Border guards of India and Pakistan today agreed to observe calm along the international border to allow farmers harvest crops in the Zero line on Jammu frontier at a flag meeting, at which the BSF lodged strong protest against frequent ceasefire violations from across the border.
"We have lodged a protest with them (over ceasefire violations, shelling in civilian areas and snipping incidents)", DIG (BSF) J C Singla, said after conclusion of the meeting at Octroi border outpost along IB in R S Pura.
"Now the farmers can harvest their paddy crops till the border line without any fear as it was decided to observe calm. The meeting passed in conducive atmosphere and there were some very good decisions taken in the meeting," he said.
Both sides will keep monitoring along the international border and "we will ensure that peace prevails along the borderline," Singla said.
The DIG-Brigadier level flag meeting began at 11.30 AM and continued for three-and-a-half hours, with Singla representing the BSF and Brigadier Mateen, sector commander of Chenab Rangers, representing the Pakistani side.
Since October 14, Pakistan Rangers shelled border villages and outposts with mortars bombs and rocket shells, besides heavy firing from LMGs and automatic weapons along the IB in Jammu frontier.
One jawan was killed in these incidents while 32 others, including 17 civilians, had suffered injuries.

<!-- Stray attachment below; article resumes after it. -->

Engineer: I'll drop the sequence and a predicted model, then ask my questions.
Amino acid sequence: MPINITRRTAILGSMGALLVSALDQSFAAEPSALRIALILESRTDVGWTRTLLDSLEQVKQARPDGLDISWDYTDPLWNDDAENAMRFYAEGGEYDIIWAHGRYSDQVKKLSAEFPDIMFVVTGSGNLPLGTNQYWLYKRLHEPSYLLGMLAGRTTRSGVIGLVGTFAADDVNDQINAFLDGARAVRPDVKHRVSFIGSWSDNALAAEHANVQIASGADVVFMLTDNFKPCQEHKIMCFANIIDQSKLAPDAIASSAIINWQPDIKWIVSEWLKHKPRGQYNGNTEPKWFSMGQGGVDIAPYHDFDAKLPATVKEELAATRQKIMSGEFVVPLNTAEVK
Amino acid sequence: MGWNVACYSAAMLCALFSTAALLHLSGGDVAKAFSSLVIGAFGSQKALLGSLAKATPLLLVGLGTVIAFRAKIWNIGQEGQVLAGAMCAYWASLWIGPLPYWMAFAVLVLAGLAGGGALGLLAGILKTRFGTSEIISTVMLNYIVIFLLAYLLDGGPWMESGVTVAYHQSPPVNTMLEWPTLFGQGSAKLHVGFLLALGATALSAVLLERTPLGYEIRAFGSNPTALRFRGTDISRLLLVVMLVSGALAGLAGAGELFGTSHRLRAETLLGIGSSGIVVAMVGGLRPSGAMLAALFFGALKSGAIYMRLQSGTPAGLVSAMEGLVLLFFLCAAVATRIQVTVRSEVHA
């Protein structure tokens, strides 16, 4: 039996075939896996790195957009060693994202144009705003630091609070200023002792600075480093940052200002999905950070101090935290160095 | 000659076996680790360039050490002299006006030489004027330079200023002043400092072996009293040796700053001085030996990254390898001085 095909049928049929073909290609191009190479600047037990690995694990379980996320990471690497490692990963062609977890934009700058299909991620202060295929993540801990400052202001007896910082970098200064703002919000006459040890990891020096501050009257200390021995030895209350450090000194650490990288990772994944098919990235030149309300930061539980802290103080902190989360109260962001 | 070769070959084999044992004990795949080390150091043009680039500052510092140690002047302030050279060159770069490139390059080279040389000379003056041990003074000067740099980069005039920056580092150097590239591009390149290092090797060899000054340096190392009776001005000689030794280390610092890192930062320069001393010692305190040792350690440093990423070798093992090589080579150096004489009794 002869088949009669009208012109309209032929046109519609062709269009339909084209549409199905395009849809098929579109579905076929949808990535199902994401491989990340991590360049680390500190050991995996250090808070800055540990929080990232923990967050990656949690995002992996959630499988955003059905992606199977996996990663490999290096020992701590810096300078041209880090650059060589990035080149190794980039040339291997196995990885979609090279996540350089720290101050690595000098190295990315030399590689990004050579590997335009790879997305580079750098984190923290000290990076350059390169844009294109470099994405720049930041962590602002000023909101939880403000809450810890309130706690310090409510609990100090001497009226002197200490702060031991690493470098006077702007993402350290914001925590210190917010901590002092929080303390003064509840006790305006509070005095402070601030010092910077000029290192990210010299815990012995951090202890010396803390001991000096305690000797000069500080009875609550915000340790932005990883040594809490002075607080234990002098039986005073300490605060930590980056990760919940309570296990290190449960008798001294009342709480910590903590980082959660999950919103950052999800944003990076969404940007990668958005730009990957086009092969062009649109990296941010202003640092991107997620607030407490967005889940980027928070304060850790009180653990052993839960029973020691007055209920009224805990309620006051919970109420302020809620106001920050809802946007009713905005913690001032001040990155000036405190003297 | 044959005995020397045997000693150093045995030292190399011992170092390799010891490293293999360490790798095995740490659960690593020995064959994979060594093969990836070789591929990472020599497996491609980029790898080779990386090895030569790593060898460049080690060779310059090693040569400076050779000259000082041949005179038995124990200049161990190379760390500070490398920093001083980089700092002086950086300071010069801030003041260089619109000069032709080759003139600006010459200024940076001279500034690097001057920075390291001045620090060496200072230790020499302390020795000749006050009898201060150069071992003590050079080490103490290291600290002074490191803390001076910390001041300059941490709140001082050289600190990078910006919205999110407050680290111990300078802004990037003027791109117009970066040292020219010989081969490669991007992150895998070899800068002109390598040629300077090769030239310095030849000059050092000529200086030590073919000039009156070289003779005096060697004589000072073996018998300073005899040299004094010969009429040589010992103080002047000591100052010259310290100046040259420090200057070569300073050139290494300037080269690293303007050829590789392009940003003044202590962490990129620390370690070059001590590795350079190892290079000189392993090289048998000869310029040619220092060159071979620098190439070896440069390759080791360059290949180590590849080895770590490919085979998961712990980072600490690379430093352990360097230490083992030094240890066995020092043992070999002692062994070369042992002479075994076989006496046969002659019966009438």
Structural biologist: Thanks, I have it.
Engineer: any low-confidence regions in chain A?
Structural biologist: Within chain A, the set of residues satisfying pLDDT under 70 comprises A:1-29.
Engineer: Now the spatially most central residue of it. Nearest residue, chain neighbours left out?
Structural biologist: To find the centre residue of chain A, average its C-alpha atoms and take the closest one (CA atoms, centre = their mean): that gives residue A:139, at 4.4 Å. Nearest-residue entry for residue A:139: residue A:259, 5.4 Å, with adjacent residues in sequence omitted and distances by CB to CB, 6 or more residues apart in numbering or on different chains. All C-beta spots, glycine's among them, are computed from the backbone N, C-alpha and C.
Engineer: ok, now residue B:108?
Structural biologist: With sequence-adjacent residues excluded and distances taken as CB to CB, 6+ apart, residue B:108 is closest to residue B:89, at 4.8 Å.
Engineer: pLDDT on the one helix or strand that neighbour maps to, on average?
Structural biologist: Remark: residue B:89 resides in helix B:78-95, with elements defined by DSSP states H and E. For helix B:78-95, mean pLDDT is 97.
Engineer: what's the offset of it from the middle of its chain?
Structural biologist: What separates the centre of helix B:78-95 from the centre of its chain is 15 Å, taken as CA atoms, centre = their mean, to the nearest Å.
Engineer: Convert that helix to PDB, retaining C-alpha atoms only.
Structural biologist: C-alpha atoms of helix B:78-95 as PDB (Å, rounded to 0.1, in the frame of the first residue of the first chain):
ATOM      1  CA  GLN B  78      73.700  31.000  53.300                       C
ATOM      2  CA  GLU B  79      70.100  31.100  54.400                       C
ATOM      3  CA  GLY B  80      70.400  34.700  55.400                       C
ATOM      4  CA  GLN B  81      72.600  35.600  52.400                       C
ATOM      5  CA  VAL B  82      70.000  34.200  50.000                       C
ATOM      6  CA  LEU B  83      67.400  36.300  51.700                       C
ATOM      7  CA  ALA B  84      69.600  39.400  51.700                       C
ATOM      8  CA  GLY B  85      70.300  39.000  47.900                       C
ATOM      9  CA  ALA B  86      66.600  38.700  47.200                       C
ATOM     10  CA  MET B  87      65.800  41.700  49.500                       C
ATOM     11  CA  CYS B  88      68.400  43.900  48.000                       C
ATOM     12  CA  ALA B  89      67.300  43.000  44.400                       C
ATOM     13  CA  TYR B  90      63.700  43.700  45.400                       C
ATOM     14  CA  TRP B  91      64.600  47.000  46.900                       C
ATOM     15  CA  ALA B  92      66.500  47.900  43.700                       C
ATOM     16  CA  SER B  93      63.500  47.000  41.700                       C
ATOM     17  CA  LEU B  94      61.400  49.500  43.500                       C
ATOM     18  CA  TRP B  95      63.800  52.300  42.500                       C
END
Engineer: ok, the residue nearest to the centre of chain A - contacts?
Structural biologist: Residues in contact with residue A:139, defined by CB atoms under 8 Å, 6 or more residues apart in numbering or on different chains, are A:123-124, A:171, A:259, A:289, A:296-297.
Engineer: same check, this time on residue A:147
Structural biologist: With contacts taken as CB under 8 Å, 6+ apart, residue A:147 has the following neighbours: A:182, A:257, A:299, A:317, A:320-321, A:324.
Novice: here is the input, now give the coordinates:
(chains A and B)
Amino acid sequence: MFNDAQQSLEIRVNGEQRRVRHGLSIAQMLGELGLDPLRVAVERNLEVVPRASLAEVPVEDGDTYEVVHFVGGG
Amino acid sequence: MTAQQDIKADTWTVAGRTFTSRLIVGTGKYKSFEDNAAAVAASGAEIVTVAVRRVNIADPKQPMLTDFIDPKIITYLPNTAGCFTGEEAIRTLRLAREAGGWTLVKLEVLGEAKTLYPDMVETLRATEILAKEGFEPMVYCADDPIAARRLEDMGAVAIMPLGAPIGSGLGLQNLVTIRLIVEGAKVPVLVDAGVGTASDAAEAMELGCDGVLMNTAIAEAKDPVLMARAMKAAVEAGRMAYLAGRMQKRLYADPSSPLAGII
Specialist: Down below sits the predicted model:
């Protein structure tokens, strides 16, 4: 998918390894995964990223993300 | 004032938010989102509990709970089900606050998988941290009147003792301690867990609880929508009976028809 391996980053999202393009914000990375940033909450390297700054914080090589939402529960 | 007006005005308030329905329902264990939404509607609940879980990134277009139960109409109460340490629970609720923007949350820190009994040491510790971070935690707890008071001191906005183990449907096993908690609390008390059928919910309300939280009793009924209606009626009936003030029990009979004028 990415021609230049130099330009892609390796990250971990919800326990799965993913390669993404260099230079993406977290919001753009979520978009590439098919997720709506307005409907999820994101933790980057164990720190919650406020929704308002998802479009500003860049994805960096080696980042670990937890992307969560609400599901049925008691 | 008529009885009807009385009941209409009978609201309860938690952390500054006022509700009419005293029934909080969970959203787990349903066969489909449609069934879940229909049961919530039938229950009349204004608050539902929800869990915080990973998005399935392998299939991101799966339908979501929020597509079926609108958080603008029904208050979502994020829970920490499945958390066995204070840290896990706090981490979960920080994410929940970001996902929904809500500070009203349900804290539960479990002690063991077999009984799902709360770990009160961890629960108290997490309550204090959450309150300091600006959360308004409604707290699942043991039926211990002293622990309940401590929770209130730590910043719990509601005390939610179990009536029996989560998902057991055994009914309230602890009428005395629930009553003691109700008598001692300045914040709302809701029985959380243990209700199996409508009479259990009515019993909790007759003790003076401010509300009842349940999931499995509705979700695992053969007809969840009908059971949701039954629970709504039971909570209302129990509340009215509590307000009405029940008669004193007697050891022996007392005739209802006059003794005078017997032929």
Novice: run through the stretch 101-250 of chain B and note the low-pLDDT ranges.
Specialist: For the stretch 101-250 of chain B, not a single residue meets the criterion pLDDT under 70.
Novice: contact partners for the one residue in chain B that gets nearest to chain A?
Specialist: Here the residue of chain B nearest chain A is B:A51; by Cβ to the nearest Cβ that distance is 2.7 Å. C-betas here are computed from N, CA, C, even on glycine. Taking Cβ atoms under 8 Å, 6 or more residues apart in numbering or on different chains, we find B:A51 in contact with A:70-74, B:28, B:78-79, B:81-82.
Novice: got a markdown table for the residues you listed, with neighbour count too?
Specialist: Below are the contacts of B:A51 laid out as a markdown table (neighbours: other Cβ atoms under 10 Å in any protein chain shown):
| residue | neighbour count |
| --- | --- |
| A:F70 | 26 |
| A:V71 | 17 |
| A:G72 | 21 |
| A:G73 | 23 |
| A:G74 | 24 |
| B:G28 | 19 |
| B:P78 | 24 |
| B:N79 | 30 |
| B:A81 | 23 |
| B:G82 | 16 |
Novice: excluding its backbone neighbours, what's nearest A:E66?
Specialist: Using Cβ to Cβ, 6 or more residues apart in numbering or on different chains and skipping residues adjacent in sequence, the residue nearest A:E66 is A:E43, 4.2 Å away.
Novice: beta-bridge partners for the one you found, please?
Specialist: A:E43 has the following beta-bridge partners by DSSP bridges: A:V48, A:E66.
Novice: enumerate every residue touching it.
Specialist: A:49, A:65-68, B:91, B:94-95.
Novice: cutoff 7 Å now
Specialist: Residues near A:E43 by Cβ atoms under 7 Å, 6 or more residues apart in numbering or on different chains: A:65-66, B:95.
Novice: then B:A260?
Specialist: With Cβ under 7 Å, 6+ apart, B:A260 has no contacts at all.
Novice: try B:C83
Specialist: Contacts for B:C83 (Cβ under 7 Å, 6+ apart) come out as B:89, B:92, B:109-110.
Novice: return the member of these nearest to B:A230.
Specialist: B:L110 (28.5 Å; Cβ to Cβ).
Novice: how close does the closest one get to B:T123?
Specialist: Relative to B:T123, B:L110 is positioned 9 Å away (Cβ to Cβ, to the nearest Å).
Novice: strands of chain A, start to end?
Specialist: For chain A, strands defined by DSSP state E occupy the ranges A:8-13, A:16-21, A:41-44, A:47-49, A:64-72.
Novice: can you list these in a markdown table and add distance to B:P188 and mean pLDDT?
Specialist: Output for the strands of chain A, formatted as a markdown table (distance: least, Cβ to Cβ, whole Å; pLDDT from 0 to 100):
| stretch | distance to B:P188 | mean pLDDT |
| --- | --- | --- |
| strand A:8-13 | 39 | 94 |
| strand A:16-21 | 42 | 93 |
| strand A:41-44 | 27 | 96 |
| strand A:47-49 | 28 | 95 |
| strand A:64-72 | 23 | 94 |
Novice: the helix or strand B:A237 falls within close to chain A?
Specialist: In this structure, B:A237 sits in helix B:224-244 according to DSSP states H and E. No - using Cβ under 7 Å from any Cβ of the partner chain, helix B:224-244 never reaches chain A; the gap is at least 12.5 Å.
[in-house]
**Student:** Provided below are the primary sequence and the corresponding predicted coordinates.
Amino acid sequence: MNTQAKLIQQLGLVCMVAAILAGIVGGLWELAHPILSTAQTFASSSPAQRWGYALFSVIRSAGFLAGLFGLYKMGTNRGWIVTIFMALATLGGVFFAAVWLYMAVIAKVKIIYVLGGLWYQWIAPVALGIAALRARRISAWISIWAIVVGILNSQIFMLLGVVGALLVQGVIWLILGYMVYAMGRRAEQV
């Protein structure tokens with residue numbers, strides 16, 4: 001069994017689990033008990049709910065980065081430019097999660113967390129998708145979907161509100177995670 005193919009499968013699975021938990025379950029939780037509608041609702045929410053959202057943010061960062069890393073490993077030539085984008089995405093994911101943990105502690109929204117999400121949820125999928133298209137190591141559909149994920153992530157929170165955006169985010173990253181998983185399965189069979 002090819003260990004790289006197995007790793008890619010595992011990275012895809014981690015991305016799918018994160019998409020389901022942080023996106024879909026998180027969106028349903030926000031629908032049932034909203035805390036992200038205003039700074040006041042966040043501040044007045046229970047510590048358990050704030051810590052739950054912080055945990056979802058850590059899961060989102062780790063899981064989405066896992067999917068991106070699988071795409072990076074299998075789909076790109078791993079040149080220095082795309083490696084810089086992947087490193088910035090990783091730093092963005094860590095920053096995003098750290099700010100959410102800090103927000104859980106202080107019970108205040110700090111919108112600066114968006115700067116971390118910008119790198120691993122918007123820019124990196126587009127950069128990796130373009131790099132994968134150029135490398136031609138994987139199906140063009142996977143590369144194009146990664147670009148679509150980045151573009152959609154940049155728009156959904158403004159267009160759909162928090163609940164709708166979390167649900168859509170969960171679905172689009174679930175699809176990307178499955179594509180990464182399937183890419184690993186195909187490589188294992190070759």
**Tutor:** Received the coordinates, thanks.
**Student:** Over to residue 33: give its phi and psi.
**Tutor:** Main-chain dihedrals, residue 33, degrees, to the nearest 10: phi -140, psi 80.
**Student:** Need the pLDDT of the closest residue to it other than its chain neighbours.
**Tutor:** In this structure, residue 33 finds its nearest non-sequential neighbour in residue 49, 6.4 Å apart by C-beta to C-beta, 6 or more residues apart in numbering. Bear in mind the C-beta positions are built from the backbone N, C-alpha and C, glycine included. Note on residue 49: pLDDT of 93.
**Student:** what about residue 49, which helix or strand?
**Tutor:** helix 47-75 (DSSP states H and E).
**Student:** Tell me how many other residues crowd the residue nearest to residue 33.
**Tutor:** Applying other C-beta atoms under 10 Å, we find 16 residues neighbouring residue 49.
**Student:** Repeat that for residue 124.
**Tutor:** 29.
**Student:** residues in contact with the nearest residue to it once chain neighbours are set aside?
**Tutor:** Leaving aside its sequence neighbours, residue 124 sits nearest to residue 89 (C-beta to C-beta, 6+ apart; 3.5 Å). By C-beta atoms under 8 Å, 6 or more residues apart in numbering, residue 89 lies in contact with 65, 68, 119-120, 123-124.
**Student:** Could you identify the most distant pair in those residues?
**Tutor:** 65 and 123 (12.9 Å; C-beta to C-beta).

However, Pakistan had denied involvement of its troops.
There have been repeated ceasefire violations from across the border and incidents of intense shelling, firing, snipping and BAT attacks on forward posts, besides infiltration.
Since August this year, 9 jawans have lost their lives in these incidents whereas 46 others, including 25 civilians, suffered injuries.
BSF troops had earlier tried to hold flag meeting on October 18 and 20 at two forward border outposts in Samba district, but Pakistan Rangers did not turn up for the same.
BSF had again sent communication through hotline and received response from Pak Rangers, which raised white flags and communicated its approval for flag meeting.
Jammu and Kashmir Chief Minister Omar Abdullah had said Pakistan Prime Minister Nawaz Sharif should honour the 2003 ceasefire agreement between the two countries.
"If Sharif wants to go the 'extra mile' to make peace with India, he should first ensure that the ceasefire violations stop," he had said.
Abdullah and his cabinet colleagues had also visited the forward border hamlets on Friday.